Memoir Writing: No. 6 …  Gotta be Your Own Continuity Girl

Everybody — okay, maybe nobody — understands that movies are not shot in the order we see them on the screen. Otherwise, why would we need editors, right?

Actually, movie directors shoot location by location with no respect for the chronology of the on-screen story. The end of the movie might be shot first, depending on where the scene occurs, which actors and actresses are available at the time, etc.

Given that, how does the movie maker ensure that the actors are wearing the same clothes and jewelry, the window in the set is open, etc., from day to day and week to week?

That’s the job of the film notetaker, the universal memory, the script supervisor. Formerly this person was known as the continuity girl because young women tended to hold this position.

This person is always on set, always taking notes on what everyone is seeing, saying and doing. Where is the actor looking? Which hand does the actress use to slap his face?

You’ve seen the continuity screw-ups. For instance, in the Arnold Schwarzenegger movie, The Commando, Arnie totally smashes up a yellow Porsche. A few scenes later, he drives it away. That’s a continuity flub, and you want to avoid them.

What do movies have to do with writing fiction? And especially non-fiction?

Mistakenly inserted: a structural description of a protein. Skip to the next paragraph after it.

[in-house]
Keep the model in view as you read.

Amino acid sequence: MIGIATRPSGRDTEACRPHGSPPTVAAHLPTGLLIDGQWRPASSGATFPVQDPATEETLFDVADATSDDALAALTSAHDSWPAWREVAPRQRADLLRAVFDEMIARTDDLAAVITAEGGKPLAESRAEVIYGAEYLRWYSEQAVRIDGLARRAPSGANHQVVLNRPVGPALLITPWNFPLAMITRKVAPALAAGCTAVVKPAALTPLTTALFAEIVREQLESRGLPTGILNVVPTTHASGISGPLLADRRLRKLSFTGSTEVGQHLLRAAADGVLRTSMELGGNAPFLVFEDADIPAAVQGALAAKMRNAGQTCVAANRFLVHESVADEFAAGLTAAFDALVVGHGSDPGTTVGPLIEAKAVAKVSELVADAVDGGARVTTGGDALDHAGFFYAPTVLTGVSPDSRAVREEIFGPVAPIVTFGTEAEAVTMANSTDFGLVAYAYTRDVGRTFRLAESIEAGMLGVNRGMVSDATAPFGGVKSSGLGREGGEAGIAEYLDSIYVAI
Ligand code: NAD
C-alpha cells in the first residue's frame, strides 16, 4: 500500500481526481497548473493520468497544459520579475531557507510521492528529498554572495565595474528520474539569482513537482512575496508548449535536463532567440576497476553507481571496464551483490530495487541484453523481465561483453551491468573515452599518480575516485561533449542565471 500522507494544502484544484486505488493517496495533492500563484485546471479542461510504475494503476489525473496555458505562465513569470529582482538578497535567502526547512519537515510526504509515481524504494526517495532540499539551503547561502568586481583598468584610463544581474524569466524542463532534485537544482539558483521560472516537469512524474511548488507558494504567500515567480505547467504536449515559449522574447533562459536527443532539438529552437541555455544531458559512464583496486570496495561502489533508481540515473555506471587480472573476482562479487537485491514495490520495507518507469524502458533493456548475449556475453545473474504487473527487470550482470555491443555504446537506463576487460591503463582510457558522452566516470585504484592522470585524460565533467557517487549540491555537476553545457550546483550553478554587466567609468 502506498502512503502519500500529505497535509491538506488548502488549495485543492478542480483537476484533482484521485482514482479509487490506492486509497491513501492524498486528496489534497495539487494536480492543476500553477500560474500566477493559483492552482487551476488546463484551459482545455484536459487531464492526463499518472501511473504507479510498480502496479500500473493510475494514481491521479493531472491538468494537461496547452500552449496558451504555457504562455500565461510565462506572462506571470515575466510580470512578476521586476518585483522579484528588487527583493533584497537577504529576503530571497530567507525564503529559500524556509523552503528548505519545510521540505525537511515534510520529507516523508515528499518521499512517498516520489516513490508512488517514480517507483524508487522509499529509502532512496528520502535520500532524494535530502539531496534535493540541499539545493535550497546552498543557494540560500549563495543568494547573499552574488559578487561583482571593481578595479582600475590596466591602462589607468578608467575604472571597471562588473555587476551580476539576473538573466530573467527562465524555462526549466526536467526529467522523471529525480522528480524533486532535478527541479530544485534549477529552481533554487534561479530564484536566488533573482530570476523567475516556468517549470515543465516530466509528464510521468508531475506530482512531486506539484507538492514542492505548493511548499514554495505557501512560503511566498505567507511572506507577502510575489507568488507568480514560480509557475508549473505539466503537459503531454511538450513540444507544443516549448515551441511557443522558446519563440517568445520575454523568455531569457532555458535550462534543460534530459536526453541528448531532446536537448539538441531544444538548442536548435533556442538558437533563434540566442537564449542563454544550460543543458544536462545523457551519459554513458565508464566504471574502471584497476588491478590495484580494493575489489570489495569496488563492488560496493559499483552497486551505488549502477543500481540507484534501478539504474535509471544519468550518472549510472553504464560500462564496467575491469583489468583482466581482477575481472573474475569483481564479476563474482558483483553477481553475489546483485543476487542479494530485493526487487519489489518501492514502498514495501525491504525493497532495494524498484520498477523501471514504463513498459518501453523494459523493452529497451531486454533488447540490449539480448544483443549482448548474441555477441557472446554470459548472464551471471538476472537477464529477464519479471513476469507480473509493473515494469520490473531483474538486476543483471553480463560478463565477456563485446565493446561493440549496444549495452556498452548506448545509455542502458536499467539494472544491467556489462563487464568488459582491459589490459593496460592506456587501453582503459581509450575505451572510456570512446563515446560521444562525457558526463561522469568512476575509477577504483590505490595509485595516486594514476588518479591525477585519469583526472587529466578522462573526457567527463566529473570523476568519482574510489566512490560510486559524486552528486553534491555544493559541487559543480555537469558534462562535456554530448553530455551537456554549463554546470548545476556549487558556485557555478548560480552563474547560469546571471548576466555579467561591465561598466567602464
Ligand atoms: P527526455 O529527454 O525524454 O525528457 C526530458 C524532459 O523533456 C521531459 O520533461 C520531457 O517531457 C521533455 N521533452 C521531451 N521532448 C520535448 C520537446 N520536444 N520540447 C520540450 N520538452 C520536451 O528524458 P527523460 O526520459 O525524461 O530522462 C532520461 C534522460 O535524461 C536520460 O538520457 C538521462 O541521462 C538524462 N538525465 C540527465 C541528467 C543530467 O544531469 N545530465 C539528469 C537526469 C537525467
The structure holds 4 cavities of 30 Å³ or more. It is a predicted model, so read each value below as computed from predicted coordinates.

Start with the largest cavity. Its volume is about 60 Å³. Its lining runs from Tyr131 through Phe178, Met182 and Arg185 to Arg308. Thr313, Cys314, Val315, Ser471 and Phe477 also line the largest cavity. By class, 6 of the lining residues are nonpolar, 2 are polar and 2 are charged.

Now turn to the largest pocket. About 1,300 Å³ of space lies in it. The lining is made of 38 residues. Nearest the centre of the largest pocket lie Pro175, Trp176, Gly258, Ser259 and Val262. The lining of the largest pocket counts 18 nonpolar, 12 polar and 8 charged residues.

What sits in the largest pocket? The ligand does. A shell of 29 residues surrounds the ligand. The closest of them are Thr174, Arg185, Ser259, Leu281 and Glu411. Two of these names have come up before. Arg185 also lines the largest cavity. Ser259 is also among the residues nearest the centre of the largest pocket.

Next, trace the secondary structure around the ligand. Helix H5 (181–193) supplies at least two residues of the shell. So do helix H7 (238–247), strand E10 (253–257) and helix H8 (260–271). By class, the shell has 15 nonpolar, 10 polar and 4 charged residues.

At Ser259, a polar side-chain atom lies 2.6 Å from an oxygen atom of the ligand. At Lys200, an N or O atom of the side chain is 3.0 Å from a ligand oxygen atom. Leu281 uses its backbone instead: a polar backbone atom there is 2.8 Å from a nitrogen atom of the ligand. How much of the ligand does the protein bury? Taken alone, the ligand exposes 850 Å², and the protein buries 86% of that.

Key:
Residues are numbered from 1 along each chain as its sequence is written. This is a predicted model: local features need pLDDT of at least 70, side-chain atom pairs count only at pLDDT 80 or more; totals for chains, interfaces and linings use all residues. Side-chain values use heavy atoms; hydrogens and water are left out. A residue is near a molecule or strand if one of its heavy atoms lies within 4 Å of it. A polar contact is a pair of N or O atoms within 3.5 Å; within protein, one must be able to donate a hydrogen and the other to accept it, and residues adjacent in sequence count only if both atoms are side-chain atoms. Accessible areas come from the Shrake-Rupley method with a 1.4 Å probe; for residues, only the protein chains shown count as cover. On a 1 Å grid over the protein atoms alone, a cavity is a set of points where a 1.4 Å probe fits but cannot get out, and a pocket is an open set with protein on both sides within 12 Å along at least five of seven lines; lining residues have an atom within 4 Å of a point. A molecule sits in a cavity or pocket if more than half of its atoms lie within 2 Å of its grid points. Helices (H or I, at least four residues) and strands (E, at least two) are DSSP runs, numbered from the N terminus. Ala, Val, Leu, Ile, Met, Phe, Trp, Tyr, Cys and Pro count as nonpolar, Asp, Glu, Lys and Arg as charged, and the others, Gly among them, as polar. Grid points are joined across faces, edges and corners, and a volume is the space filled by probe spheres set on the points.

Continuity file from my Black Orchid Demon series.

You need a continuity file, too.

What is the protagonist’s dog’s name? How did he get it? (You think you’re going to remember it three months, six months, a year into writing? Huh-uh. Nope. Not going to happen.)

As your characters change, you have to keep track of them. How can the hero pull the trigger in the climax … when the villain cut off his trigger finger during their first encounter? (That’s a little drastic, but it illustrates the point. [Just another terrible pun.])

Ditto for favorite restaurant, wine, sandwich, beer, car, computer game, etc.

Continuity is especially critical for books in a series, obviously.

So, the lesson here is: You gotta be your own continuity girl, because no one else can be.

In short, after you have taken notes and drawn up your outline, keep adding to your notes. You’ll thank yourself later.

2 thoughts on “Memoir Writing: No. 6 …  Gotta be Your Own Continuity Girl

  1. Pingback: Synopsis, the Value of. | David L. Haase

  2. Pingback: Rewriting, Bah, Humbug. Three Tools | David L. Haase

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